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We’re a month removed from Bellator’s second foray into the world of pay-per-view.

Did you miss it, but would love the opportunity to see it, or see it all over again? Spike will broadcast a replay of Bellator NYC tonight.

The two and a half hour broadcast airs on Spike at 9 p.m. ET/PT.

And regardless of what you thought of the matchups and results, there’s little denying Bellator NYC was historic for the promotion, given it was its return to the pay-per-view stage, as well as its first trip to the famed Madison Square Garden in New York City.

Bellator NYC took place June 24 at the famed Madison Square Garden in New York City. The main card aired on pay-per-view following a Bellator 180 card on Spike.

On the pay-per-view card, there was no shortness of oddities. After Douglas Lima (29-6 MMA, 11-2 BMMA) cruised past Lorenz Larkin (18-6 MMA, 0-1 BMMA) to retain his welterweight title, Aaron Pico (0-1 MMA, 0-1 BMMA) was upset by heavy underdog Zach Freeman (9-2 MMA, 1-0 BMMA). And Michael Chandler (16-4 MMA, 13-4 BMMA) lost the lightweight title to Brent Primus (8-0 MMA, 6-0 BMMA) in odd circumstances.

In a double headliner, Matt Mitrione (12-5 MMA, 3-0 BMMA) beat Fedor Emelianenko (36-5 MMA, 0-1 BMMA) by knockout – after the two of them knocked each other down at the same time. And in the main event, Chael Sonnen (29-15-1 MMA, 1-1 BMMA) settled his grudge with Wanderlei Silva (35-13-1 MMA, 0-1 BMMA).

For complete coverage of “Bellator: NYC” and Bellator 180, check out the MMA Events section of the site.

The Blue Corner is MMAjunkie‘s official blog and is edited by Mike Bohn.

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Filed under: Bellator, Blue Corner, News, Videos
Source: MMA Junkie

MMAjunkie's 'Fight of the Month' for June: A slugfest in Singapore

With another action-packed month of MMA in the books, MMAjunkie looks at the best fights from June. Here are the five nominees, listed in chronological order, and winner of MMAjunkie’s “Fight of the Month” award for June.

At the bottom of the post, let us know if we got it right by voting on your choice.

* * * *

The Nominees

Paulo Borrachinha def. Oluwale Bamgbose at UFC 212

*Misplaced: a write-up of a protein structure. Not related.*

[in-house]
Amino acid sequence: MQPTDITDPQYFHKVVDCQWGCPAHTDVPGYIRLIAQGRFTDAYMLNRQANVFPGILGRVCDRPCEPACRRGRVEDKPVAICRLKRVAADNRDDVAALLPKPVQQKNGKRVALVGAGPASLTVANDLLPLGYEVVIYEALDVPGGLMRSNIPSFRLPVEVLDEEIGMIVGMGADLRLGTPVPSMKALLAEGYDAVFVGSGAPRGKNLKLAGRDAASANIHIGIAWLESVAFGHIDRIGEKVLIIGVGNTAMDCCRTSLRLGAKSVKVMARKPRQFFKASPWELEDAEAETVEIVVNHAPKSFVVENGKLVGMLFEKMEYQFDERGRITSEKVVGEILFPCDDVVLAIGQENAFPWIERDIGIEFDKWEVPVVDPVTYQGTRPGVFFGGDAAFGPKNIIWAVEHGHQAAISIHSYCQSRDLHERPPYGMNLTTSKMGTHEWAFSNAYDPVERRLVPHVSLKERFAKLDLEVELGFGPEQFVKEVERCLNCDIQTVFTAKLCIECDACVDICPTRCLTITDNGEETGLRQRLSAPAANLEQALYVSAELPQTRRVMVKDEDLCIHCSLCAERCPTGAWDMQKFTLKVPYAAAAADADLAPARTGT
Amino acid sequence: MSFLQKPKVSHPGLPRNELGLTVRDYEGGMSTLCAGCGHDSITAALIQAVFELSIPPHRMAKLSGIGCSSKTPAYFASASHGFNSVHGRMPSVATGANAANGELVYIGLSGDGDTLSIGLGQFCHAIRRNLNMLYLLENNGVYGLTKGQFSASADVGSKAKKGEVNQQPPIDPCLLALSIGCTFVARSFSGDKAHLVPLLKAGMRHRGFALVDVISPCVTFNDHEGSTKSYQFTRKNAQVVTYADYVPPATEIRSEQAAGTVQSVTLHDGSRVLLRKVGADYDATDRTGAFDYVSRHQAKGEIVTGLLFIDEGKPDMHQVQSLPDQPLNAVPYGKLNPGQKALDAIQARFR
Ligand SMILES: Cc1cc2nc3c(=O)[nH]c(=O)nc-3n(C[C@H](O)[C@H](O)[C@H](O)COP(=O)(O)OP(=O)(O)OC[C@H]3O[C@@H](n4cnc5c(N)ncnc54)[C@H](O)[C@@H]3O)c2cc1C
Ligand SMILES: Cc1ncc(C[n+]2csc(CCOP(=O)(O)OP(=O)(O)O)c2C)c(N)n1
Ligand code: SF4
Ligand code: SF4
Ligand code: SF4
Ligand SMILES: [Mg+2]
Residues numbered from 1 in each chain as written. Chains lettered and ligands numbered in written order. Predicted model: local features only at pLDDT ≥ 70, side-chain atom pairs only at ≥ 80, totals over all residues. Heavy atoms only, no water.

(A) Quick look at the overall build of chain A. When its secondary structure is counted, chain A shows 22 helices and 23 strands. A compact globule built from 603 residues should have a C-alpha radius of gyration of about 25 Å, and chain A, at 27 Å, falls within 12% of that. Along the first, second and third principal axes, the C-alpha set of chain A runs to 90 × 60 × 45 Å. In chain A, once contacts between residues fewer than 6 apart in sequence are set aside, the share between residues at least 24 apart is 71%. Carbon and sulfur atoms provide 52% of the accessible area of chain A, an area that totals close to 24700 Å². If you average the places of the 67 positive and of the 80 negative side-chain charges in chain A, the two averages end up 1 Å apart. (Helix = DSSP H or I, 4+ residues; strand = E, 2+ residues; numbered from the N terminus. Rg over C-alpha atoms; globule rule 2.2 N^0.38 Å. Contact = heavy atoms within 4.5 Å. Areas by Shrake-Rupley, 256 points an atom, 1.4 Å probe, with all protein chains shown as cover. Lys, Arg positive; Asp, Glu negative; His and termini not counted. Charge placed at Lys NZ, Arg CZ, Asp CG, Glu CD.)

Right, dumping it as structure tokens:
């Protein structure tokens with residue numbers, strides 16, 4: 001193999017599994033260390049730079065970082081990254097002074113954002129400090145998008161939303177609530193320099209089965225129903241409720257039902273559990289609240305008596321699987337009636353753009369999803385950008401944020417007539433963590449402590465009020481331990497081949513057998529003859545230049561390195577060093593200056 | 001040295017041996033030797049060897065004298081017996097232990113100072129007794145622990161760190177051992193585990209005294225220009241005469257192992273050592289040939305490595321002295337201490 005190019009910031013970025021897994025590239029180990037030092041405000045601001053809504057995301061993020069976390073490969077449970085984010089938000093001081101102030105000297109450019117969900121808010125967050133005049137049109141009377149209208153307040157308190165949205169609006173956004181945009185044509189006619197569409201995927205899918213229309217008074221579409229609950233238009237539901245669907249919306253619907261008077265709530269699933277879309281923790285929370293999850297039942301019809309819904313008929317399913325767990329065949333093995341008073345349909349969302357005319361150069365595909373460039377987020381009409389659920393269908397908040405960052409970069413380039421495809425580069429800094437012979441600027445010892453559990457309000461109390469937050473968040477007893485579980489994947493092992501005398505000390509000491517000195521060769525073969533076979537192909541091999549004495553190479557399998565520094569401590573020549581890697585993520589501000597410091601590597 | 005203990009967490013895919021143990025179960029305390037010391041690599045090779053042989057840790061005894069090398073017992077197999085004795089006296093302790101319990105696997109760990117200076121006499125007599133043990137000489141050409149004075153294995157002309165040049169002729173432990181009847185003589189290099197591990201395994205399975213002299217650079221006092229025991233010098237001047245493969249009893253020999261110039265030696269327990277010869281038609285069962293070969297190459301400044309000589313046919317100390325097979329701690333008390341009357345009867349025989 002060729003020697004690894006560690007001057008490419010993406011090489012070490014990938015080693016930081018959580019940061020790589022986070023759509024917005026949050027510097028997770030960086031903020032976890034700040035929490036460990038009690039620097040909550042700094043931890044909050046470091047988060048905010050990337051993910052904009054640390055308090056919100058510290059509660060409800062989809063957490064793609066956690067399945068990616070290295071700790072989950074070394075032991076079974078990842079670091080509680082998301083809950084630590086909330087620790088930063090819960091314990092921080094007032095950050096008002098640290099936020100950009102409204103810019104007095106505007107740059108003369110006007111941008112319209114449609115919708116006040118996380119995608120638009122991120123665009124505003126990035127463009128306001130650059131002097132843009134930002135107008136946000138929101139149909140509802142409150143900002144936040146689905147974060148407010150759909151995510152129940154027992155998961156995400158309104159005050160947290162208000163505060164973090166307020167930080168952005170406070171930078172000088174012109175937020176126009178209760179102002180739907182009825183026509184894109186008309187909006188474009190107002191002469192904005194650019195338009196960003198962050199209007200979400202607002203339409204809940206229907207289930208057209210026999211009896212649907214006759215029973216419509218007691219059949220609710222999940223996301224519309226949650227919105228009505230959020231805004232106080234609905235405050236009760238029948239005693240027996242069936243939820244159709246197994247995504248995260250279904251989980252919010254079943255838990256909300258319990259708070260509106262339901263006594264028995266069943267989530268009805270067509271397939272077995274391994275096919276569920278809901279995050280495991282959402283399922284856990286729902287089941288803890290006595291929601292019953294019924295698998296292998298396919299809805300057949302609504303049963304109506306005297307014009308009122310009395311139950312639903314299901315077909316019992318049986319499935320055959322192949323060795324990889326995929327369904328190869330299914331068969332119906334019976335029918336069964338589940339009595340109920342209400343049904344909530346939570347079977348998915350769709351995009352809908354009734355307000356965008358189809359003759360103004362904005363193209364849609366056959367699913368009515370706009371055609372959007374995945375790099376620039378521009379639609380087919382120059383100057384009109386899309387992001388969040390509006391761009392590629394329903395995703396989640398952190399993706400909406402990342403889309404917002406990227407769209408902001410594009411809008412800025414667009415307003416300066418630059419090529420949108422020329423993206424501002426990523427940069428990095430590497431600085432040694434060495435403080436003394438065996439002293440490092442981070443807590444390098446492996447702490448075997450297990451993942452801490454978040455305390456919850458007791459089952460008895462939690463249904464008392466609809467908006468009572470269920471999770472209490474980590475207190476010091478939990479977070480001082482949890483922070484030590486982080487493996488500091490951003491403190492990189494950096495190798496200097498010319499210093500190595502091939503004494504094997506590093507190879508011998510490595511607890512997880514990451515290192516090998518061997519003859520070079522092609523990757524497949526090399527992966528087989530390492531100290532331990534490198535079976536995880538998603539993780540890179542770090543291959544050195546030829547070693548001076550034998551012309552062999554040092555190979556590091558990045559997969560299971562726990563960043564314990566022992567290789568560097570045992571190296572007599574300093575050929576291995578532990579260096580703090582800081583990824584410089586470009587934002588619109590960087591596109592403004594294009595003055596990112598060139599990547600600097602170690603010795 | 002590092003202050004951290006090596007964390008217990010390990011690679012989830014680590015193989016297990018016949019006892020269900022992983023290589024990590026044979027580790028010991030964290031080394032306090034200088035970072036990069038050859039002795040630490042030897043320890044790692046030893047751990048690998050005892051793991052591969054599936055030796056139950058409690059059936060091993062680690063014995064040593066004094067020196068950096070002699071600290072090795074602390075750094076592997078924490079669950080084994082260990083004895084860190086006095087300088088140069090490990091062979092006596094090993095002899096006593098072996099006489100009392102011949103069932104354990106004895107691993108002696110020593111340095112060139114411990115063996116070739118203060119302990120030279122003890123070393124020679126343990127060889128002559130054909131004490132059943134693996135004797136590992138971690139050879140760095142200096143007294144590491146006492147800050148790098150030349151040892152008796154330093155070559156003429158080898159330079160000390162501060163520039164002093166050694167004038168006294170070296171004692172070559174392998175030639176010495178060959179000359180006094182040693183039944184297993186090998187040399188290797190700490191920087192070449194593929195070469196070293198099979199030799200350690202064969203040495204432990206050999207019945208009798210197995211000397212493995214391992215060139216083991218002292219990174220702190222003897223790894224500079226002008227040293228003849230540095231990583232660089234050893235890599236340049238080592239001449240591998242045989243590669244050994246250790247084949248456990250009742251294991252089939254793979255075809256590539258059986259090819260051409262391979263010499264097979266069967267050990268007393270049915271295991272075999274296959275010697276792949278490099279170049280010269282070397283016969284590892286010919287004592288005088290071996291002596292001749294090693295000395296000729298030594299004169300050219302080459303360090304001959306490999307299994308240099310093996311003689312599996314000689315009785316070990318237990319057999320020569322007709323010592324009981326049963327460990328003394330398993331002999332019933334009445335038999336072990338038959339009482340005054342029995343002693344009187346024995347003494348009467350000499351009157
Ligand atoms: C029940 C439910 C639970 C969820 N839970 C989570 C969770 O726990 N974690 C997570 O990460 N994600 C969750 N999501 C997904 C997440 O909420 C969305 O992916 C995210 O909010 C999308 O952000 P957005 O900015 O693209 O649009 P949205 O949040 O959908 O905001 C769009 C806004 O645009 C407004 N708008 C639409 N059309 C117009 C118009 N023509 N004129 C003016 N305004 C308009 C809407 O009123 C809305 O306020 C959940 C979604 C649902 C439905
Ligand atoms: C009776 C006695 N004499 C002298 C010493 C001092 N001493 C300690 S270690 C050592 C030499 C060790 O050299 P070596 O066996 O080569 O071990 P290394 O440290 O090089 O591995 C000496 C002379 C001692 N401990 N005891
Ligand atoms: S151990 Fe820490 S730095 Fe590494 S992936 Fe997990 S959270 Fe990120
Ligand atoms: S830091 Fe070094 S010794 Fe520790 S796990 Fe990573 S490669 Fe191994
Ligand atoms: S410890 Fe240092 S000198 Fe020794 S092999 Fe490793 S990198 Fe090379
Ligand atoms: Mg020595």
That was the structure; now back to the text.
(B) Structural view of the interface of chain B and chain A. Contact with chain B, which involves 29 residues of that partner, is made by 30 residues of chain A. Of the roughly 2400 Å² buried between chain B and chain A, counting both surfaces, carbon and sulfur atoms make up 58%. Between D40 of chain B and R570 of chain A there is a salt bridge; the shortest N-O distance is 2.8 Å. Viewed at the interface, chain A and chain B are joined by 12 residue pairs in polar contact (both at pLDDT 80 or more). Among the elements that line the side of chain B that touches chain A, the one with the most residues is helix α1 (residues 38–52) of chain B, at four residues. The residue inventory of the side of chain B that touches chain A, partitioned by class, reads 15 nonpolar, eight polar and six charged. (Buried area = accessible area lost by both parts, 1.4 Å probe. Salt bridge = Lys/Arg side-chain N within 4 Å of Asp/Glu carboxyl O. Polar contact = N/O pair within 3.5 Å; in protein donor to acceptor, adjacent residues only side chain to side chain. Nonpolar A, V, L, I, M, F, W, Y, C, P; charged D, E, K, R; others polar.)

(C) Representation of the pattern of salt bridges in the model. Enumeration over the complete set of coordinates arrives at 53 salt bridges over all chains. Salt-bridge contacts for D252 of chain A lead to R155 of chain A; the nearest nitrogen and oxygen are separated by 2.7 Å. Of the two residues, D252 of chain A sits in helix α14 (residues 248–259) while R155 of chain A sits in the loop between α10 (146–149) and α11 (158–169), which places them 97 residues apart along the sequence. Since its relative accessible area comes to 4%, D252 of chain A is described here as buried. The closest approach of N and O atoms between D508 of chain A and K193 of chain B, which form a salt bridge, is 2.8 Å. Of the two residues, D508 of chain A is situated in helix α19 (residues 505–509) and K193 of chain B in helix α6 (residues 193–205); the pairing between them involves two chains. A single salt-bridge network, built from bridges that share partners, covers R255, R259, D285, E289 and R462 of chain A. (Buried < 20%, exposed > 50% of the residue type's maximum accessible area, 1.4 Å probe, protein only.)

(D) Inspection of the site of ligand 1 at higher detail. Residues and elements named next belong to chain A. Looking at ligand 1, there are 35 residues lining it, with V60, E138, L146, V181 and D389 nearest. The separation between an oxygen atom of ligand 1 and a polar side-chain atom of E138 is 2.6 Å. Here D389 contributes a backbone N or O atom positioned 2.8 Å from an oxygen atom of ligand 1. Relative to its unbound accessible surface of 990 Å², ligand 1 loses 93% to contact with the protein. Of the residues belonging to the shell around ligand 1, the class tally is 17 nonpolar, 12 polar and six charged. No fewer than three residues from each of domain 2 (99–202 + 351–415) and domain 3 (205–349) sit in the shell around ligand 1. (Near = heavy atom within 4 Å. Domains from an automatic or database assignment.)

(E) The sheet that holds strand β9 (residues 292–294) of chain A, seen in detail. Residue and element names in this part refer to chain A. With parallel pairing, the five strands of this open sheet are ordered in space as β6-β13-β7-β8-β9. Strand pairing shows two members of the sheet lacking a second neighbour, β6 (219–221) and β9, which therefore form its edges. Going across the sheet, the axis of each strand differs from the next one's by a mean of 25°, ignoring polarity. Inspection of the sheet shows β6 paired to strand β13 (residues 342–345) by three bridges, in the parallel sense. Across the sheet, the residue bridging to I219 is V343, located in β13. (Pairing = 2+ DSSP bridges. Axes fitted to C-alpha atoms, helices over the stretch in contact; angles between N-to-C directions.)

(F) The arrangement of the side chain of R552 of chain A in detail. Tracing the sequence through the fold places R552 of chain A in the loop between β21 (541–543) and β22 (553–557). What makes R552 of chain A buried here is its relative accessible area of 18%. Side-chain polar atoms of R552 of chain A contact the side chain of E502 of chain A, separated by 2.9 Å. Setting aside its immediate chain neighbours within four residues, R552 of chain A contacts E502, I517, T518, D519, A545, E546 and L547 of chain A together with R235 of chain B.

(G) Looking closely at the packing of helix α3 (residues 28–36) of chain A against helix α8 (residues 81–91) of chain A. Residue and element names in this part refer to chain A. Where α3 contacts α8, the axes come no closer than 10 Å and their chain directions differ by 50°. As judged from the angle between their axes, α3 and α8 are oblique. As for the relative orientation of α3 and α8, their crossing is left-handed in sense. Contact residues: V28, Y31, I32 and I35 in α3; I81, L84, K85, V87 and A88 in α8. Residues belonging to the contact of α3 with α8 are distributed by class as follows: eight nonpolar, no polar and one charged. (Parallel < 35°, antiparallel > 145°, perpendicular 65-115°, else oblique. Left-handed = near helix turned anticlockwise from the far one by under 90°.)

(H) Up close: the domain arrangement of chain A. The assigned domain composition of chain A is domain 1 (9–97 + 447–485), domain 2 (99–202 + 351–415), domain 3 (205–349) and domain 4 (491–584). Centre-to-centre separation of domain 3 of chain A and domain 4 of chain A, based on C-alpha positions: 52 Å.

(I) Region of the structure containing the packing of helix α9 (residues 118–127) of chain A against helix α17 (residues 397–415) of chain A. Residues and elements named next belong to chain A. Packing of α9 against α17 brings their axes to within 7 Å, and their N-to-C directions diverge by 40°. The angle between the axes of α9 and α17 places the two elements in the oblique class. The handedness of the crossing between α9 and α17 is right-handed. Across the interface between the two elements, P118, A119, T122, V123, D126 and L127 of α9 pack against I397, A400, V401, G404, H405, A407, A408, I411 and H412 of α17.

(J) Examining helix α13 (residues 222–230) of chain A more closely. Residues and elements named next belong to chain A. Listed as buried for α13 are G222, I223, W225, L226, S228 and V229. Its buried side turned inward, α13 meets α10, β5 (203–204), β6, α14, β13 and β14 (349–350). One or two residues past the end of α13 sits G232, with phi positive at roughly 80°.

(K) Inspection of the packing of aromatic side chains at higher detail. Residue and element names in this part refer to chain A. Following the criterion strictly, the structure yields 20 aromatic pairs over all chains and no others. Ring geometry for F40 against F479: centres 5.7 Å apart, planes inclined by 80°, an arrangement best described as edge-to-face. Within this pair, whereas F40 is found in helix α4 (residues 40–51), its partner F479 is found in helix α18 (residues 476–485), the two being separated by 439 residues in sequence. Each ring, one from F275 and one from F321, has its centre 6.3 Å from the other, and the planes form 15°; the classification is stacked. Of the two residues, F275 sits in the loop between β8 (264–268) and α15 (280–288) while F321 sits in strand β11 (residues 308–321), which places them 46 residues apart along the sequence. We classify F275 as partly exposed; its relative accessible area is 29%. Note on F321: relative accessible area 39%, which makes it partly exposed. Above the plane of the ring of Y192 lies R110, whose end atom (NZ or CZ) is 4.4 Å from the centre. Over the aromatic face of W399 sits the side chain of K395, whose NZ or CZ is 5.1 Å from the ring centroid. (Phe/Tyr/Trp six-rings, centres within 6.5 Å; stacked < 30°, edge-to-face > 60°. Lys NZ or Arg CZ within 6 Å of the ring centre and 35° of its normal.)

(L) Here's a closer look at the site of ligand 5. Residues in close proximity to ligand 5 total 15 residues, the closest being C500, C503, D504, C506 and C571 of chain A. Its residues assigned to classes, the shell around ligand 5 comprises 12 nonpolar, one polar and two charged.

For the first few minutes of their fight, Paulo Borrachinha (10-0 MMA, 2-0 UFC) struggled just to keep up with the frenetic violence of Oluwale Bamgbose (6-3 MMA, 1-3 UFC).

Once the storm subsided and Bamgbose slowed after the opening round, though, that’s when Borrachinha took over the middleweight fight. The Brazilian overwhelmed his exhausted opponent with a vast striking arsenal, earning the TKO early in the second round.

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Mark Hunt def. Derrick Lewis at UFC Fight Night 110

A heavyweight fight between Mark Hunt (13-11-1 MMA, 8-5-1 UFC) and Derrick Lewis (18-5 MMA, 9-3 UFC) that on paper looked like a slugfest turned into a battle of cardiovascular strength.

Hunt took Lewis’ best shots and dragged him into deep waters. “The Super Samoan” chased “The Black Beast” around the octagon, doling out repeated shots to the body and legs until Lewis tired and slumped in exhaustion for the TKO late in the fourth round.

Li Jingliang def. Frank Camacho at UFC Fight Night 111

Li Jingliang’s (13-4 MMA, 5-2 UFC) leg kick game was on point in his welterweight fight with UFC newcomer Frank Camacho (20-5 MMA, 0-1 UFC), and in the end it helped reward him with a unanimous decision victory.

Jingliang absorbed some hard shots from Camacho in the opening round, but his durability and grit helped him get back into the fight in the latter rounds and take the victory on the scorecards.

Heather Hardy def. Alice Yauger at Bellator 180

The transition from pro boxing to MMA couldn’t have gone much better for Heather Hardy (1-0 MMA, 1-0 BMMA), who picked up a sensational third-round TKO of Alice Yauger (4-6 MMA, 0-2 BMMA).

Hardy, who said she “fell in love” with MMA following the fight, had to overcome some early adversity and a nasty cut before she swarmed Yauger with strikes to earn the TKO late in the third round of the women’s flyweight affair.

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Tony Martin def. Johnny Case at UFC Fight Night 112

If you didn’t know it was something of a grudge match before, all you had to do was listen to Tony Martin (12-3 MMA, 4-3 UFC) in the second round, informing Johnny Case (12-3 MMA, 4-3 UFC) that he wasn’t going anywhere in between counter right hands to the face.

The result was a unanimous decision win for Martin, who outstruck a game Case and seized control of the lightweight fight down the stretch before claiming the win with scores of 29-28 across the board.

* * * *

The Winner: Li Jingling vs. Frank Camacho

Camacho clearly has power, as he displayed in the opening moments of his UFC debut, but Jingliang seemed to have the better conditioning and all-around game.

It ultimately led Jingliang to a come-from-behind win over late replacement Camacho.

Camacho displayed his big power with the first significant punch of the fight.

He followed with a few more punches that found their mark, and Jingliang was quickly on wobbly legs. Jingliang, though, survived, and he then peppered Camacho with low kicks and took his back late in the round.